I needed to get out of my office for a bit. For a small town, Bozeman, Montana has an incredible library. It is often my place to hide when I need to get a bunch of uninterrupted work done.
I got up for a stretch and there it was in front of me in big bold letters:
“The New New Rules: A Funny Look At How Everybody But Me Has Their Head Up Their Ass” By Bill Maher.
With a title like that I really needed to give this book a once over. I dug into it and had a good laugh for quite a while.
Now you are probably asking yourself at this point “Why is this software Skills Management, Training Management, Competency Management, computer programming nerd writing about a book by Bill Maher?”
So there I am with my wife. We have the stereo on pretty loud, I am rocking out and jamming around the house. My wife looks at me and asks “Are we listening to the same song?”
Unfortunately, I was born with a disability. For whatever reason, from the day I came out of my mom’s womb, God denied me the pleasure of having any rhythm. To picture my dilemma more clearly think of Steve Martin as Navin Johnson in the “Jerk”. As Navin says “It was never easy for me…?”
Yes, neither Navin or I will ever have Rhythm.
After posting my blog on December 1st 2014 titled “Skills Retention – The Baby Boomer Crisis” a colleague sent me the below video. This video from Ted Talks is the perfect add on to that blog. Rainer Strack explains that workforce skill gaps are certainly coming in the near future because of a quickly retiring workforce.
In this data-filled — and quite charming — video, human resources expert Rainer Strack suggests that countries ought to look across borders for mobile and willing job seekers. But to do that, they need to start by changing the culture in their businesses.
Bad hires cost businesses a great deal of income in training time, reduced effectiveness, and aggravation suffered by colleagues that have to bear the responsibilities for a marginal employee. In a lot of companies, supervisors perform staff interviews by presenting their go to questions to candidates. For example, what can you offer us that someone else cannot? Or even trying to get a feel on how exactly a prospect can fit in. These strategies normally lead to uninspiring and harmful outcomes.
The baby boomers generation is reaching a state of crisis. For the next twenty years, an average of 10,000 people each day will reach age 65. As a result, creating a nightmare for HR professionals who are trying to replace their aging staff. Read more…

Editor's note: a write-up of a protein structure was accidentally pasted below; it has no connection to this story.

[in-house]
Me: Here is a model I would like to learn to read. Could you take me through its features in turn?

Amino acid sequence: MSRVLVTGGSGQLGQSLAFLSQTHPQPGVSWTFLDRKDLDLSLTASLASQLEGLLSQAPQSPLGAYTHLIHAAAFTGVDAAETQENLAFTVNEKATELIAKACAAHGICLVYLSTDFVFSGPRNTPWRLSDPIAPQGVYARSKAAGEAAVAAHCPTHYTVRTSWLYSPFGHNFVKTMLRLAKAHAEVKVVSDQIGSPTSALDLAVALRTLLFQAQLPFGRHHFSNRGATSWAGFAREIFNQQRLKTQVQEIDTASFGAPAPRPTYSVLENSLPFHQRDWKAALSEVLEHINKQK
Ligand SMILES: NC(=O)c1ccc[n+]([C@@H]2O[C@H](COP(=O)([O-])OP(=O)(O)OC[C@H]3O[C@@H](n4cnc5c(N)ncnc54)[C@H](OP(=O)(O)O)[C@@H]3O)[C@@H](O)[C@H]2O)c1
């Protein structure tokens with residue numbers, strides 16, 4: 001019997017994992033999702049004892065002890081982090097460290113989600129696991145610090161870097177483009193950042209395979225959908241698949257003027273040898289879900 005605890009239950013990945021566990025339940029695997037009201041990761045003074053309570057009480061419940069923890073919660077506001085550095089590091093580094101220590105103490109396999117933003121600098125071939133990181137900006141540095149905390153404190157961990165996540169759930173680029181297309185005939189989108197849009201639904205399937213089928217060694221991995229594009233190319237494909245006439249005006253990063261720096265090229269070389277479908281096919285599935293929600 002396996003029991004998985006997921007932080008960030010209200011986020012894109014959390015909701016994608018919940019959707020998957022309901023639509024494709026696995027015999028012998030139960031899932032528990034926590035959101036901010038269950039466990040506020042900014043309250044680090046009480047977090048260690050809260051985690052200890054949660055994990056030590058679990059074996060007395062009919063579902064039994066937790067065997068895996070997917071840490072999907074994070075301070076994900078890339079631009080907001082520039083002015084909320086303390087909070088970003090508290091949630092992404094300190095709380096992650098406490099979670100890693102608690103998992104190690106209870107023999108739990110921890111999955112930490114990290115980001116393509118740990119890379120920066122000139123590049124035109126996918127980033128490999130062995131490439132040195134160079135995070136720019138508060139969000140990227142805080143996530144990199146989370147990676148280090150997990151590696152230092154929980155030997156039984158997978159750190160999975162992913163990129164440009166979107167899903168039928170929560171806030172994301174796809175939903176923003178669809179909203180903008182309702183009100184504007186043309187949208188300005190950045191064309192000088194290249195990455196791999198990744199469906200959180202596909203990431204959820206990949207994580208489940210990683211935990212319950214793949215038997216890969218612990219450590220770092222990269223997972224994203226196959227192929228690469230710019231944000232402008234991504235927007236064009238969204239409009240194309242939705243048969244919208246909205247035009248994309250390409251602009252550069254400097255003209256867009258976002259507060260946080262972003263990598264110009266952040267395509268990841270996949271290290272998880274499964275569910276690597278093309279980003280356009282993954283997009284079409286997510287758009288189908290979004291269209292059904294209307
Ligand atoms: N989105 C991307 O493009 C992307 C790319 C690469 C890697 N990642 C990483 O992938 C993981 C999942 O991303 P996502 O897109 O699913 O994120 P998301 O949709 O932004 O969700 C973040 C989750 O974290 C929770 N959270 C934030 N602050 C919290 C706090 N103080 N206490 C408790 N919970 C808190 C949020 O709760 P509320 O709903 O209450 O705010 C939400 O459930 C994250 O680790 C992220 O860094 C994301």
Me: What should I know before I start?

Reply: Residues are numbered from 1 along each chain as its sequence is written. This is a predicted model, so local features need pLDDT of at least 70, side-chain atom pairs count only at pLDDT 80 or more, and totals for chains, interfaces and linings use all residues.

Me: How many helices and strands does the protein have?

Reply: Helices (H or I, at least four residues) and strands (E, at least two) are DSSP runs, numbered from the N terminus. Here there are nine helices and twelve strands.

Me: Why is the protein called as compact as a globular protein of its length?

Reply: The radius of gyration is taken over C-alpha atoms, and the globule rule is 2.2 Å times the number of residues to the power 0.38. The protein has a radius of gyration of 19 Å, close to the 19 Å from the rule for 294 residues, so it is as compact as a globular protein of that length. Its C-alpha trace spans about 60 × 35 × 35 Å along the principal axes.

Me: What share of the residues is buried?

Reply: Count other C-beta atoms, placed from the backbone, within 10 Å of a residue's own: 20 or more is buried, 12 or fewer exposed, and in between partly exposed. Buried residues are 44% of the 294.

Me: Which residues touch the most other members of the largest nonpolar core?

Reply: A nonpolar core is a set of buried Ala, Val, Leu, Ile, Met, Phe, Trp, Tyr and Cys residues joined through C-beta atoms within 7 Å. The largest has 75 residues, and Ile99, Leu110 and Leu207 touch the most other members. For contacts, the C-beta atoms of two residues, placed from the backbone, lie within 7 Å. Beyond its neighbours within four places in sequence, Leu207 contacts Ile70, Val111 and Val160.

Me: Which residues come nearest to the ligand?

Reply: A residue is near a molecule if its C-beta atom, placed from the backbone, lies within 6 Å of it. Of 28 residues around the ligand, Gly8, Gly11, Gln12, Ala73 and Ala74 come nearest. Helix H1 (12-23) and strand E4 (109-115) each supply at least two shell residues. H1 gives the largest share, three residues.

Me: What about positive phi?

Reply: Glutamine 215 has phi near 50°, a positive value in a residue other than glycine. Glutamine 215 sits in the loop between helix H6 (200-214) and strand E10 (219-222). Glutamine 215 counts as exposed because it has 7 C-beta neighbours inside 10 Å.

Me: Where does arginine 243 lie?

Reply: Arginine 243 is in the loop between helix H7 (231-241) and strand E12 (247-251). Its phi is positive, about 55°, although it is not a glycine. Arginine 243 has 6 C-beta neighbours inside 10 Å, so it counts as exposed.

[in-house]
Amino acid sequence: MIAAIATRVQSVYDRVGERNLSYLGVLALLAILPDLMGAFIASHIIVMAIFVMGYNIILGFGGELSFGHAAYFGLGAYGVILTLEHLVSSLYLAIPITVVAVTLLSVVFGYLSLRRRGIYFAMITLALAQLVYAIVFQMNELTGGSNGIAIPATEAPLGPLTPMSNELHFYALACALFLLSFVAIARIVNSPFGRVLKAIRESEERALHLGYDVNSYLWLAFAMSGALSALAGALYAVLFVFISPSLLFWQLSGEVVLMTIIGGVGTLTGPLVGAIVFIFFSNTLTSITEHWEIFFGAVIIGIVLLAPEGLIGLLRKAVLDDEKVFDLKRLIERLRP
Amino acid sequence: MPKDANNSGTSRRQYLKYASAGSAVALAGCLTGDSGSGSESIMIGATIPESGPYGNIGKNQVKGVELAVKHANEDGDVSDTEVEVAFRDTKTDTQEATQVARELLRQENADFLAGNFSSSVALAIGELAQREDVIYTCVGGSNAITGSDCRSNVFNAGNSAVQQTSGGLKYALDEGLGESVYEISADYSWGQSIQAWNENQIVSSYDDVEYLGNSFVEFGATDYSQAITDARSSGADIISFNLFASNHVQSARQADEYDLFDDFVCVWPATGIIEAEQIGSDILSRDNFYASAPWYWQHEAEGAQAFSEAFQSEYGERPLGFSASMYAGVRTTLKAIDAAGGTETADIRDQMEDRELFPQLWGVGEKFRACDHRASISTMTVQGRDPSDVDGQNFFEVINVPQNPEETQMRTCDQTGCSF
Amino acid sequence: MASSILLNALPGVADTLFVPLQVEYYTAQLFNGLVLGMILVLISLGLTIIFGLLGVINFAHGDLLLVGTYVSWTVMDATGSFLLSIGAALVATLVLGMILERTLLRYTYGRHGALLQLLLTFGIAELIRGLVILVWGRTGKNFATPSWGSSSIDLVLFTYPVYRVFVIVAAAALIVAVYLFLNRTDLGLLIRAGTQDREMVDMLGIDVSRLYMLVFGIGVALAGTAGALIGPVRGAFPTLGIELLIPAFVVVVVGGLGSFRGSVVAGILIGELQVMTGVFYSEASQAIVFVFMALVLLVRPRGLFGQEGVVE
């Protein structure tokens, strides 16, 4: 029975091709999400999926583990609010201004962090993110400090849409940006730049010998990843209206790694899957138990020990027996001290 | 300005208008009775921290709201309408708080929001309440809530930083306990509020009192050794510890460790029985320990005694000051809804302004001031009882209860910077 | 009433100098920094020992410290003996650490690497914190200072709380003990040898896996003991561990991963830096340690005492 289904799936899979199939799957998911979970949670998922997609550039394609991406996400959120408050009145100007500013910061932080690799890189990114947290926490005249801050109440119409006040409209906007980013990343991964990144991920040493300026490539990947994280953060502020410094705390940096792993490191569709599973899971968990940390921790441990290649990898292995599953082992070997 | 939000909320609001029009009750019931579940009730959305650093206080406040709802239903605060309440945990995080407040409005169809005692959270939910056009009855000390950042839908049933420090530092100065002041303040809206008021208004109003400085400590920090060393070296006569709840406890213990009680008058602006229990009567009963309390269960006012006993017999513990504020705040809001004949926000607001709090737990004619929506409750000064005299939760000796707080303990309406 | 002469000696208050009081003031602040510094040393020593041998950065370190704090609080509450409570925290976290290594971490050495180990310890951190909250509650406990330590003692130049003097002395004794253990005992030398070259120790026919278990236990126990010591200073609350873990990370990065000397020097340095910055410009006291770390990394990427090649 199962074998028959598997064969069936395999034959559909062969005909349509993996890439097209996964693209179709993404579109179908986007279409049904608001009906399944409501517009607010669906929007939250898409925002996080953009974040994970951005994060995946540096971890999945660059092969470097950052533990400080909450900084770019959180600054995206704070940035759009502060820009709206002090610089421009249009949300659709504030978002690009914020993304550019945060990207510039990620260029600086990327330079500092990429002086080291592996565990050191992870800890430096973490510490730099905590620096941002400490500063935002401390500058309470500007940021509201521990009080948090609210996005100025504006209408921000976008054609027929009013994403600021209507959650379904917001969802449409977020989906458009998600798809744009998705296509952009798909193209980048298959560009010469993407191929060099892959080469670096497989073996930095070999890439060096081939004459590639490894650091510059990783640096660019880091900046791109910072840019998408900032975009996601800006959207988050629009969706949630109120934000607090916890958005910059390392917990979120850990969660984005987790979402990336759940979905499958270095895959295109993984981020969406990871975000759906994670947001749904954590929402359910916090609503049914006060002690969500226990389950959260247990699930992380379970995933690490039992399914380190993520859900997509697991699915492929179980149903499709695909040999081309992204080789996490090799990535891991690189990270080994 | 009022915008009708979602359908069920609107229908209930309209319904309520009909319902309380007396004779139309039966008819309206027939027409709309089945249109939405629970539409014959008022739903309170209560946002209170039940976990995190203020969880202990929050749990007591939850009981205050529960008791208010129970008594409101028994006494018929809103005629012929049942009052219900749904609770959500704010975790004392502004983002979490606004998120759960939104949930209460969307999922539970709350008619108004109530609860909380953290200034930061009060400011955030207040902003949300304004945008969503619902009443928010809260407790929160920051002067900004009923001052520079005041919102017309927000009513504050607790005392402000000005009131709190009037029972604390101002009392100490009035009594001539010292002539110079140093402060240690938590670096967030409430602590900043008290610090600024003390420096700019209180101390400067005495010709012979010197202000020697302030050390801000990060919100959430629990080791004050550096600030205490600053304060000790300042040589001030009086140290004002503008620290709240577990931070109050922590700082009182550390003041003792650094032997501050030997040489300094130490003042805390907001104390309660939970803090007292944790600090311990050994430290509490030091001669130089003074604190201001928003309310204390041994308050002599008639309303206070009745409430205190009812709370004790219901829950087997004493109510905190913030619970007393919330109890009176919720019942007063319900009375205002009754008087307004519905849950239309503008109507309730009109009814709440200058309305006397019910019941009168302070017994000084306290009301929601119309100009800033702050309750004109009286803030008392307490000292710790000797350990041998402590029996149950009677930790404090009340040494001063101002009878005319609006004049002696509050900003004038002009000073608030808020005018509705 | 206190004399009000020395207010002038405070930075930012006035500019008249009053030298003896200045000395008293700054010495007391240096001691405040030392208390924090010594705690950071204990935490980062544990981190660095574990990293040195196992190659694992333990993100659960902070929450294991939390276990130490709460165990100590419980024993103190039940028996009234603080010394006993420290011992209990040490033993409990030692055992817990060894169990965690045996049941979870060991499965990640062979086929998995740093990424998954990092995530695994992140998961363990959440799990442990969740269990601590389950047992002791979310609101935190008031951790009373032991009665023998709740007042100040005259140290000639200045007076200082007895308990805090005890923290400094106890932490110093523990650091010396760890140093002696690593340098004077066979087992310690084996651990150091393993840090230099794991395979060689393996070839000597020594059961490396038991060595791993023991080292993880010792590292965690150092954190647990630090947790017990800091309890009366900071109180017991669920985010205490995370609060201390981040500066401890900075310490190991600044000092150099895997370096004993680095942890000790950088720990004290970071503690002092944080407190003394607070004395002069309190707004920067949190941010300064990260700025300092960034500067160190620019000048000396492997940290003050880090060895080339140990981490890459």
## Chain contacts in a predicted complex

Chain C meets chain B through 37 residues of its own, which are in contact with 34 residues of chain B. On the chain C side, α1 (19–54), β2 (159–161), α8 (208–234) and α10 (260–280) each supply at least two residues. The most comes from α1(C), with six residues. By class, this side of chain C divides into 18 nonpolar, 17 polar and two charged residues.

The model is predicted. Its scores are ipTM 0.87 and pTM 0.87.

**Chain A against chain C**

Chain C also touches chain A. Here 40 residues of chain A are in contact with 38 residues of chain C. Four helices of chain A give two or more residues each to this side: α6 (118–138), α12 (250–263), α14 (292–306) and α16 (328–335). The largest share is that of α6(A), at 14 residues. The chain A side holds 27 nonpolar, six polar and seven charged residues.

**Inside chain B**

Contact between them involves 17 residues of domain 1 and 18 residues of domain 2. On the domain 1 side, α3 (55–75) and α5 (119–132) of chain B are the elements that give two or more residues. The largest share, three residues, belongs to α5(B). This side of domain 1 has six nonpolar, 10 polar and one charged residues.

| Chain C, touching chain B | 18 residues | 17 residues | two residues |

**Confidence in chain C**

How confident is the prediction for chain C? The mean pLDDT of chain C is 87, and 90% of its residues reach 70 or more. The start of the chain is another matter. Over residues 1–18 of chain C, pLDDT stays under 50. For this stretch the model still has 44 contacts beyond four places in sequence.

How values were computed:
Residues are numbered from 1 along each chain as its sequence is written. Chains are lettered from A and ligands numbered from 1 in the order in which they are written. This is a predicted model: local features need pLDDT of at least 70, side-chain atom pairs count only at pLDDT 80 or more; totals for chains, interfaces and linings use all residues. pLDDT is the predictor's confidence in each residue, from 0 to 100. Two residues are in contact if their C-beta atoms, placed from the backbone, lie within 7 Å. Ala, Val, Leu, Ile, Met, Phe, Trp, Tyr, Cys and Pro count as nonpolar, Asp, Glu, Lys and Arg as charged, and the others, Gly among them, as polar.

Figuring out the Return On Investment (ROI) For Performance Management Systems is at best a difficult proposition.
If you have at least some experience resolving HR dilemmas, you certainly know how much time and effort it takes to hire prospective and fire unproductive personnel. If your organization is medium or large, then you probably spend days and even weeks, trying to figure out the truth about your workers. Meanwhile, your competitors successfully reduce their HR costs and enhance workplace productivity. The secret is, actually simple: even a simple performance management system provides a positive ROI.
Are you an effective worker? Almost everyone has to answer this question at least once in their life. Workplace effectiveness has become a buzzword in organizations and businesses, but not everyone can boast being ideally effective at work. The thing is that no one is 100 percent effective. We have talents and skills, but we also display weaknesses and character drawbacks. These weaknesses negatively impact our performance in the workplace. This is why we need to expand our strengths and performance potentials to reduce, and even get rid of, our weaknesses.
Do you have the answers to the questions below?
• Is our focus and investment in training aligned with our business goals and objectives?
• What skills gaps are preventing us from achieving or exceeding our objectives?
• What are our core competencies and are we leveraging them?
If you don’t have the answers to these question how are you going to get them? Maybe a training needs analysis is the answer.
Welcome to the third part in this series of implementing a skills audit. Part one covered ensuring that leaders, managers, and employees are aware of, and buy into, the importance of a skills audit. Part two showed how to implement a skills audit step by step.
In the third and last installment of this series I will go into the reporting analytics and output you should strive to achieve during a skills audit, and the questions that should be answered.
How to Conduct a Skills Audit
In the first part of our talk about skills audits, we created a picture of what is a skill audit, ant the benefits of a skill audit for organizations and leaders. Now it is time to provide more detailed recommendations as to how a skills audit should be conducted.
We must say that implementing a skills audit strategy can be easier than first imagined. There is no better way to ensure an ideal employee-job fit better than a well-developed skills audit.